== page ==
Swimming: Adlington embarks on Olympic mission with statement of intent


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The Independent Online

Two days down and a dozen in the bag. It is as stark as that; finish in the top two and inside the required time and a place at the home Games is the reward. There is no more crushing championships in which to win a bronze – then endure the medal ceremony – than these Olympics trials and the unifying emotion of all the qualifiers, be it Rebecca Adlington, with her two Olympic golds, or 17-year-old Craig Benson, who grabbed his place in the 100m breaststroke by three-hundredths of a second, was simple: relief.

"So much relief, happiness, excitement," Adlington said moments after winning the 400m freestyle in the Olympic pool last night. "An amazing feeling – it is four years of training. It is the biggest thing that everyone's going to experience. I wanted it so badly. London's always been my target and to finally know that I'm going is just the best feeling. I was very nervous. Every single swimmer here will be nervous – it's the biggest meet of our lives."

In the build-up to the British Swimming Championships, which double as the trials, Adlington, who swam in a suit with a Union flag design, had claimed she found the prospect of this week "scary" but on the evidence of last night it is others who should be feeling a tingle of alarm. Her time of 4min 2.35sec was 0.28sec outside the mark set by Federica Pellegrini in winning the event at last year's World Championships.

"Were you sending a message to Pellegrini?" suggested an Italian journalist. The thought had not crossed Adlington's mind but her form at this early stage of the season, in both the 400m and the 800m, is as good as it has ever been. She led from start to finish, followed home by Jo Jackson. The first four finishers were all inside the qualifying time.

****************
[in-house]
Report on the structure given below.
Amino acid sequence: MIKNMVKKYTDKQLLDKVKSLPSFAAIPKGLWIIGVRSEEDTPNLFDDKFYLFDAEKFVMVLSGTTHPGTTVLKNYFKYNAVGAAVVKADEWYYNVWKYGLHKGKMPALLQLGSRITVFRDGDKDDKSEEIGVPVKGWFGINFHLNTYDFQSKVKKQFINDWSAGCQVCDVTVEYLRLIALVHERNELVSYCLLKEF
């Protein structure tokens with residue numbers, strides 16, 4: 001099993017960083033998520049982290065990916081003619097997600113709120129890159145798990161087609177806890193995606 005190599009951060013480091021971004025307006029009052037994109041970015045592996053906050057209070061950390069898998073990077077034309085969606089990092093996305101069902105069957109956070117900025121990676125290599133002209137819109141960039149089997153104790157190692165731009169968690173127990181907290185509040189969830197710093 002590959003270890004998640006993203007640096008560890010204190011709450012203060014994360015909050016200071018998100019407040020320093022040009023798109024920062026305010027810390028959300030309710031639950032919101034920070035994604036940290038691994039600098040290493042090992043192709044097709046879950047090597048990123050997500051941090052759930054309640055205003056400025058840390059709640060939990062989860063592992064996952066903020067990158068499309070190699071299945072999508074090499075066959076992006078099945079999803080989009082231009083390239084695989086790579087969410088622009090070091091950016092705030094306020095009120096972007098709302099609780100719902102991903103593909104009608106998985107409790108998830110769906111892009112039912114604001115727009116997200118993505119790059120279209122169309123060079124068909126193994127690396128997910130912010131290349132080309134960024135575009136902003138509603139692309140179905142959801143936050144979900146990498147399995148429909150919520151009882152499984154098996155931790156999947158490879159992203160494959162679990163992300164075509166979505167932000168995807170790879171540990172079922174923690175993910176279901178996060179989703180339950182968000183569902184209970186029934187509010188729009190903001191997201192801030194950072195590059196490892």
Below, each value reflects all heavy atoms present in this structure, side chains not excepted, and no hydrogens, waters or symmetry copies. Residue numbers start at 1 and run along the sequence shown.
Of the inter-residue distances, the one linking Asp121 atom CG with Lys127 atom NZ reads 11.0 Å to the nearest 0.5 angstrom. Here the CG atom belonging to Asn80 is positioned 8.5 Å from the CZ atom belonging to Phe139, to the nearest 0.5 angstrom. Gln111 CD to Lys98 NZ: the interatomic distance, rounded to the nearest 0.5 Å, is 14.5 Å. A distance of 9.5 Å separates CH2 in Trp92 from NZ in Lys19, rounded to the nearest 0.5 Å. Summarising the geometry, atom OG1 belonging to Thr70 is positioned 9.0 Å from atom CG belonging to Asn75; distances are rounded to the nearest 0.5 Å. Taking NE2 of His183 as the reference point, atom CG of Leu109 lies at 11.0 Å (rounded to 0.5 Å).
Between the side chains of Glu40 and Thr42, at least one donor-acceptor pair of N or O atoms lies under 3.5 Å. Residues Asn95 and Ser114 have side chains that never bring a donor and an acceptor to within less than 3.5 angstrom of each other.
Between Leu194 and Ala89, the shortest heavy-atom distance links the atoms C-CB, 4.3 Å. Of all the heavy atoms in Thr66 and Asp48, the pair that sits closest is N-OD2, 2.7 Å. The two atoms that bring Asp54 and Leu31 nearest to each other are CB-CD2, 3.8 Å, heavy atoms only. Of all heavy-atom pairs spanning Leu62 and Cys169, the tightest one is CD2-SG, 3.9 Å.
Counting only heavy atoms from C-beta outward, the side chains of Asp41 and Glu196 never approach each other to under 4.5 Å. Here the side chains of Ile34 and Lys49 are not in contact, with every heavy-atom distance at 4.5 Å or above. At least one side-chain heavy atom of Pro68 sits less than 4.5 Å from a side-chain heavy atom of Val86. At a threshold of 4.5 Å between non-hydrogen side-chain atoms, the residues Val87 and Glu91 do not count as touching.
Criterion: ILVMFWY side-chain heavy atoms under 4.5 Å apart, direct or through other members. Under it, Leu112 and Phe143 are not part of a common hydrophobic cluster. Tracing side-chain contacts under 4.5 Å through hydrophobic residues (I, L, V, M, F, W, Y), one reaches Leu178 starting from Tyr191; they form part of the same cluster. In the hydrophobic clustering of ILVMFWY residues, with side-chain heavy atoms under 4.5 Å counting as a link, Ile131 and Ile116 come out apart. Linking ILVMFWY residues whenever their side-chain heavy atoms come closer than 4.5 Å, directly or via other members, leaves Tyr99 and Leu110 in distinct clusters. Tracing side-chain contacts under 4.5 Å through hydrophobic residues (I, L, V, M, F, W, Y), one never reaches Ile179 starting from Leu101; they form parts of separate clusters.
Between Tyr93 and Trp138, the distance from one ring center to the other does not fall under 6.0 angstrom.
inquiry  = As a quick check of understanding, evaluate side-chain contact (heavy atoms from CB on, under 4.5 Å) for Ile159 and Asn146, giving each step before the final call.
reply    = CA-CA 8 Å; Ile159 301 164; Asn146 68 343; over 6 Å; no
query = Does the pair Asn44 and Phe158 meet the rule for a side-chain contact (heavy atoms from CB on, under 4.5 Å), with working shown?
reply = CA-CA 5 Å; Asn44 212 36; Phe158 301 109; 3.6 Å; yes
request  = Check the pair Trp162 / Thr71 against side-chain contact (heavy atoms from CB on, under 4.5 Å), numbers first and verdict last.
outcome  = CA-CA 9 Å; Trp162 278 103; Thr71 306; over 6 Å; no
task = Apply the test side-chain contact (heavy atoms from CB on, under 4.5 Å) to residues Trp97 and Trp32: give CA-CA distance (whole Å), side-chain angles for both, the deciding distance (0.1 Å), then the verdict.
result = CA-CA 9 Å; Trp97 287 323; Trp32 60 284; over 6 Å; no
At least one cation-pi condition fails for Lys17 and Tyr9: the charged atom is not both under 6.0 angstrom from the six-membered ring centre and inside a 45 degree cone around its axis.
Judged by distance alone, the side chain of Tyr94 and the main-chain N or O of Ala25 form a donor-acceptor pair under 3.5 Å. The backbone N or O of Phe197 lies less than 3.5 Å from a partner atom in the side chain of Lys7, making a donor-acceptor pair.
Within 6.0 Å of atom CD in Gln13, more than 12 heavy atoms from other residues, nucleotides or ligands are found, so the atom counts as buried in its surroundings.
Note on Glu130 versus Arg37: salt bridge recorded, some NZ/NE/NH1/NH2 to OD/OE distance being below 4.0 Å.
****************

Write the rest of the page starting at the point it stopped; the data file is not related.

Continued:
It has been a good start to the trials for July's host nation, 11 swimmers now in the team to add to Keri-Ann Payne, who had already qualified in the open water. Only in the men's 400m freestyle has the runner-up not swum fast enough. Michael Scott, the Australian who is Britain's national performance director, called the women's team the strongest the country has ever had on the eve of the meet.

Hannah Miley set the tone on Saturday, underlining her medal potential in the 400m individual medley and that was taken up from the off last night in the women's 100m butterfly final, where Ellen Gandy overtook Fran Halsall in the closing stages and took Halsall's national record too, touching in 57.25sec. Halsall had turned inside world record time before Gandy, a 200m specialist, caught up over the last 25m. It left Jemma Lowe in third and having to look elsewhere to earn an Olympics place.

"It's the greatest feeling in the world," Gandy said. "All I have wanted to do over the last four years is to say, 'I'm going to the Olympics'."

It was a sentiment echoed again and again. "I'm on the team and that's all that matters," said Halsall, a Commonwealth and World Championship medallist and a second-time Olympian. "[The trials are] where you can either achieve your dreams or you haven't got your dreams any more. Your dream is to go to the Olympic Games and once you're there anything can happen but if you don't get your ticket... that's the biggest pressure."